I found out the next morning that there were 5 loons (at least I saw that many) on the lake, more than I have ever seen at one time. It was great to see them swimming along and then diving for long periods of time, surfacing well away from where they went down. On Tues morning I was packed up and heading out by about 8 am, getting back to my car about 8:30. Of course, before I left the campsite at the shore I made some coffee and just sat, watching the loons, taking some photos and just simply enjoying the moment.

Next, I headed North as I wanted to find another remote lake, called Sand Lake. It has that name as long ago people from that area used to go there to get sand along the shore as it was the type that they used to blot the ink after writing with their quill ink pens. I traveled up Rte 10 and turned Southward onto the seasonal Powley-Piseco Road. As you cannot see Sand Lake from the road and there is no established trail to it (though it is less than ½ mile in) I drove until I thought that I was in the right area and did find a marked trail, but one that did not say where it led. I hiked in on this trail for a few minutes, but it clearly was not leading towards the lake, so I continued to drive, but never figured out where I could get to the lake. I have some rough directions in a hiking book, but I had not thought to bring it, I will next time for sure.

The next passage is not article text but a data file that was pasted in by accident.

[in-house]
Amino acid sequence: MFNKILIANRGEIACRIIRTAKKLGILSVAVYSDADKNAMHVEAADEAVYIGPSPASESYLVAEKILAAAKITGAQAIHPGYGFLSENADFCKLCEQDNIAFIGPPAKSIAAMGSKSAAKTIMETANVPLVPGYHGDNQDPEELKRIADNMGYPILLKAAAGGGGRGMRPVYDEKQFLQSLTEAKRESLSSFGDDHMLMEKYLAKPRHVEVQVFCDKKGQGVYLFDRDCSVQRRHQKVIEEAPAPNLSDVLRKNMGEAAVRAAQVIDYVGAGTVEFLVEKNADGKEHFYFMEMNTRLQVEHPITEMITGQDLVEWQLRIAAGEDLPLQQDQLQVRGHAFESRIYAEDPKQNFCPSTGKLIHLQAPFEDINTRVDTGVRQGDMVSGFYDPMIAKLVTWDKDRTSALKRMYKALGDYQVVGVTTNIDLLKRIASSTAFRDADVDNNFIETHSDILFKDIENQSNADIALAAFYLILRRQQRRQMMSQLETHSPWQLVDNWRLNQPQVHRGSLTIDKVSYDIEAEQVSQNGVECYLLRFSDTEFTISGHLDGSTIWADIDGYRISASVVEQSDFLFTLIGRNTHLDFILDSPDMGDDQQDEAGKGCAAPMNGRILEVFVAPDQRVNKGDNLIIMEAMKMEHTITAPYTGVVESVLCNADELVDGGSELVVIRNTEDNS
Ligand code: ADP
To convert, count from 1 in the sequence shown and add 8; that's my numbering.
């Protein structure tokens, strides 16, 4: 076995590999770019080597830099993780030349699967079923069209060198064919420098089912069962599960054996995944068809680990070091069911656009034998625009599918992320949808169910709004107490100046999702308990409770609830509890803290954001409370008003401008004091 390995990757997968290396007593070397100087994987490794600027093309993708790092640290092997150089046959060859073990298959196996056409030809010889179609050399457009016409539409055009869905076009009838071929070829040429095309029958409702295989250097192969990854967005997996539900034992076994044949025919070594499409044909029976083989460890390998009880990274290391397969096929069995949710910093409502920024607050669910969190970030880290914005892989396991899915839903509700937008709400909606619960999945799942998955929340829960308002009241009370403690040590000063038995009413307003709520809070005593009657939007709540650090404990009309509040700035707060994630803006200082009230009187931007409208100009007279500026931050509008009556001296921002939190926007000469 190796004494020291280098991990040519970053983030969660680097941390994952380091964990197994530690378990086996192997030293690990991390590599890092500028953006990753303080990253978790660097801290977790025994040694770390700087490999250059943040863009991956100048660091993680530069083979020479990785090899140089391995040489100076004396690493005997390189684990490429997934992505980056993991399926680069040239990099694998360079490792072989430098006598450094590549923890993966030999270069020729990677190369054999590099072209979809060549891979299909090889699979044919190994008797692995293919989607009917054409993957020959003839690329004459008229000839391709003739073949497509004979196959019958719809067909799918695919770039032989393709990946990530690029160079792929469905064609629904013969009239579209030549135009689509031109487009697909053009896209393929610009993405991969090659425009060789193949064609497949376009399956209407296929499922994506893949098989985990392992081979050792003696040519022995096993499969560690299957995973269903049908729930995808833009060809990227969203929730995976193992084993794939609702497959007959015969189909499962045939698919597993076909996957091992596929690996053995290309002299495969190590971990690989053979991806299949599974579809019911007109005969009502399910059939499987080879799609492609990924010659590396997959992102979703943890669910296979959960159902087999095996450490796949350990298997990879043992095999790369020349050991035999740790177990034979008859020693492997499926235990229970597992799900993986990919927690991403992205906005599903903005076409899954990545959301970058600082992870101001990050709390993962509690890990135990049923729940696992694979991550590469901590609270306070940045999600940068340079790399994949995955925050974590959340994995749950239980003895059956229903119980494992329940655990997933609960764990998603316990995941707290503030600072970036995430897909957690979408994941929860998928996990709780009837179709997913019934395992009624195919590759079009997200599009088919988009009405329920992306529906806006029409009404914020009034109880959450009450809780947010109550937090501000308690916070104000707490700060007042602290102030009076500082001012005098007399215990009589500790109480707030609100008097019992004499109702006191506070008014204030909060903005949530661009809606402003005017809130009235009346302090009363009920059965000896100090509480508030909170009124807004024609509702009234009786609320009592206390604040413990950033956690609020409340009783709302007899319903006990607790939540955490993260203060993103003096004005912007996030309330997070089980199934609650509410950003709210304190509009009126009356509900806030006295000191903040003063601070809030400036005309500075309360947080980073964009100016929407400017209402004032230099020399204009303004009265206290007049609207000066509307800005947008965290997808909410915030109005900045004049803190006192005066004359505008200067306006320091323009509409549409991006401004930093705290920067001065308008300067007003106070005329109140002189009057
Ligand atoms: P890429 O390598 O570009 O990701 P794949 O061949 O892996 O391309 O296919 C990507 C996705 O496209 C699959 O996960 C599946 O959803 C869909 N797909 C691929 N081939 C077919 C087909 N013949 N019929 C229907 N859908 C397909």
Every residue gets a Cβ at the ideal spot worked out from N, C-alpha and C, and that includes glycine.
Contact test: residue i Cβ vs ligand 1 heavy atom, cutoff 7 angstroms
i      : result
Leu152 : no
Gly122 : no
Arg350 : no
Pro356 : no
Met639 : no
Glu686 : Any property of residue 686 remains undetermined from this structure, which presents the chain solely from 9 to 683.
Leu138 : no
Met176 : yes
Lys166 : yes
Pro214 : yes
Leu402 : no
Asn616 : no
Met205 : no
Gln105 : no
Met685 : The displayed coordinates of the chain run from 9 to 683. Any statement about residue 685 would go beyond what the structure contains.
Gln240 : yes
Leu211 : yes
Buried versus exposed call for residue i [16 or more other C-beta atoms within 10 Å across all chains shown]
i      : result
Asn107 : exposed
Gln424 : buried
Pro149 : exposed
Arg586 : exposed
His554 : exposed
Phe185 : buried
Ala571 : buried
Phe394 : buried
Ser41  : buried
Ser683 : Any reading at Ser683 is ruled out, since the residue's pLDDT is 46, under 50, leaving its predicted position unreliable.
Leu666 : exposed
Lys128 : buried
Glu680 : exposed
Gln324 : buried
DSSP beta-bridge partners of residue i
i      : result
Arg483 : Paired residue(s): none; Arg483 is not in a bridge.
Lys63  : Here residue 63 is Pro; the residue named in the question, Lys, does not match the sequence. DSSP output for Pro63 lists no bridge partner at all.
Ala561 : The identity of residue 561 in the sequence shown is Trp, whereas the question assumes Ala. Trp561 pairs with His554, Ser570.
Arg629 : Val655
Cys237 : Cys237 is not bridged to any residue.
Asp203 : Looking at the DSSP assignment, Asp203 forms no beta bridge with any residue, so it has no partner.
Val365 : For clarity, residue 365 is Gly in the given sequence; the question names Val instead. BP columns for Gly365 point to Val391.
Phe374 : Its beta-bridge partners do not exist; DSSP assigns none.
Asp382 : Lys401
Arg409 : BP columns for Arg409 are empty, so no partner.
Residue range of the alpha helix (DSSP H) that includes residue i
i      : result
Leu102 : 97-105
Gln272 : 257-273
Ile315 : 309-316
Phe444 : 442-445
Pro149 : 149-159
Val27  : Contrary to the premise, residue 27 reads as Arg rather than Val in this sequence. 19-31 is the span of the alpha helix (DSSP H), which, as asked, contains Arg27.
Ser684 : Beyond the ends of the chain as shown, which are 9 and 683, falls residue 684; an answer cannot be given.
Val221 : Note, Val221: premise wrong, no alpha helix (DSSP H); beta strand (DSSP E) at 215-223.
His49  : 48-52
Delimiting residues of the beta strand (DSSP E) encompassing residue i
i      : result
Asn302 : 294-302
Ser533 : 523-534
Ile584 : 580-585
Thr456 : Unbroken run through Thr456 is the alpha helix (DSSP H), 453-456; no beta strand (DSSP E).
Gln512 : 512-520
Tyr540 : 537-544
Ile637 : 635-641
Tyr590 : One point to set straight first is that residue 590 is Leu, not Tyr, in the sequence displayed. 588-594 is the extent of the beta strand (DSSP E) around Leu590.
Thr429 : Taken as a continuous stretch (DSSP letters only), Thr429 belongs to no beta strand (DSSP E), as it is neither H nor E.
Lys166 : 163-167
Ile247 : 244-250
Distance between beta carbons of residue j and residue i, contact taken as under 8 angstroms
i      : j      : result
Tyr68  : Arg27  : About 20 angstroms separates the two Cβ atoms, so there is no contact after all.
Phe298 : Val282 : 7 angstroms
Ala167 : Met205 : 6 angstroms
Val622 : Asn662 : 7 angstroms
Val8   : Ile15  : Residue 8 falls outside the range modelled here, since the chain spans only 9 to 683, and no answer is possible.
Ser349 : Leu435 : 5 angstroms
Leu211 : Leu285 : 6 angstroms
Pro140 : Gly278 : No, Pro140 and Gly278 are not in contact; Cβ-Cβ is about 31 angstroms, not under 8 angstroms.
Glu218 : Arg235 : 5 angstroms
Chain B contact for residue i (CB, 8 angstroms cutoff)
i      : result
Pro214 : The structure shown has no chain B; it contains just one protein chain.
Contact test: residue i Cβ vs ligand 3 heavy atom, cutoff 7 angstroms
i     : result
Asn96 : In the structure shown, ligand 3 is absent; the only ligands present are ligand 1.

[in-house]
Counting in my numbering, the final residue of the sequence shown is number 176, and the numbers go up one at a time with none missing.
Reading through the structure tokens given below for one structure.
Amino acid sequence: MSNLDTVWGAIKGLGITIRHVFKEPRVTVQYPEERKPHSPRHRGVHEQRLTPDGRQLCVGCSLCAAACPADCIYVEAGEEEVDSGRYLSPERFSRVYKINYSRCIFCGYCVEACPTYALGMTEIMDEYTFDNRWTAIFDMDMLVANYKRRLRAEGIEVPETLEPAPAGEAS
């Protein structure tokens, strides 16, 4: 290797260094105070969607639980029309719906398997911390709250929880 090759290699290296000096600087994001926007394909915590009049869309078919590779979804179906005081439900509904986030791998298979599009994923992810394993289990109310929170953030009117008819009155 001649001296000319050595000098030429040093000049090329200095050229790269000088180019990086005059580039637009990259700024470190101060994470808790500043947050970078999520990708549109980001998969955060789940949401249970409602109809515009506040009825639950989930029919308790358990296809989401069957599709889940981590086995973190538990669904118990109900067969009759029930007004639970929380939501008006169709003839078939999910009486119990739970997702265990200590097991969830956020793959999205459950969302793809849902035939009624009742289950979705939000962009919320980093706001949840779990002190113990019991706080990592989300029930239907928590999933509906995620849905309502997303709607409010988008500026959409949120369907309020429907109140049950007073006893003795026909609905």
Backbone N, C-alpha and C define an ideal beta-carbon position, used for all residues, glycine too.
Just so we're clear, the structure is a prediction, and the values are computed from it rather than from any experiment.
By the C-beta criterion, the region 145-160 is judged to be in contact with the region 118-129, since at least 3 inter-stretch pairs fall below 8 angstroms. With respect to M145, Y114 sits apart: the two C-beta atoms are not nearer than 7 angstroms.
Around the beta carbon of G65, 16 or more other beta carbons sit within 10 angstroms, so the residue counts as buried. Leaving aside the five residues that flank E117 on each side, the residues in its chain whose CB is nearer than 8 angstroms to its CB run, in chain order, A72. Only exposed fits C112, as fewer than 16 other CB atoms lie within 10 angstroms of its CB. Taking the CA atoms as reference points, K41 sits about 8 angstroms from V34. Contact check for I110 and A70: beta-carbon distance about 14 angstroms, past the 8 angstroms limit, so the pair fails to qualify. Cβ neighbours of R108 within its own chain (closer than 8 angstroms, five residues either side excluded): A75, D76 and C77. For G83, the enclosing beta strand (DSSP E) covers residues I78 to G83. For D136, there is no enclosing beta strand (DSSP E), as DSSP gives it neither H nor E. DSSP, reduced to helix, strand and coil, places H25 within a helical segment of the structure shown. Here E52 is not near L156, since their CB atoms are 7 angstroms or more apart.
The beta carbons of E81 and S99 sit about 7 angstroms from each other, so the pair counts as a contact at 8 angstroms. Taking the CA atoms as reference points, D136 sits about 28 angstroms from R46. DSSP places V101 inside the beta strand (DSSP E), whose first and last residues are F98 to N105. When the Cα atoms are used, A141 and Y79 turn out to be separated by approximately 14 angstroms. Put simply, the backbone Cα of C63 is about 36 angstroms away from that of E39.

My next stop was to hike into Clockmill Pond, another of my favorite wilderness destinations. I wanted to find the remains of a mill that is said to be along the shore, and also look for possible campsites. The pond (actually a very good sized lake) is about 1 ½ miles from the trailhead, and part of the trail is not marked, but something those who go there have beaten down over the years. Due to it not being maintained, there are lots of blown down trees and a bit of climbing over and around to get through. At times the trail itself is not visible, but as it is going downhill in a small valley there is little chance of getting lost, not to mention that soon the pond is in sight. I went around the West side of the pond, a direction I had never taken before. It looked like few others had gone that way as there was no trail, just pushing through brush and trees along the side of the water. I soon found the old dam and took a photo of a large metal gear from the mill, over 150 years old, which is all that remains except the rocks from the dam. I have researched the history of this pond in the past and no one seems to know why it is called “Clockmill” or what the mill was used for. Maybe someday I will find some records that will reveal this secret from the past.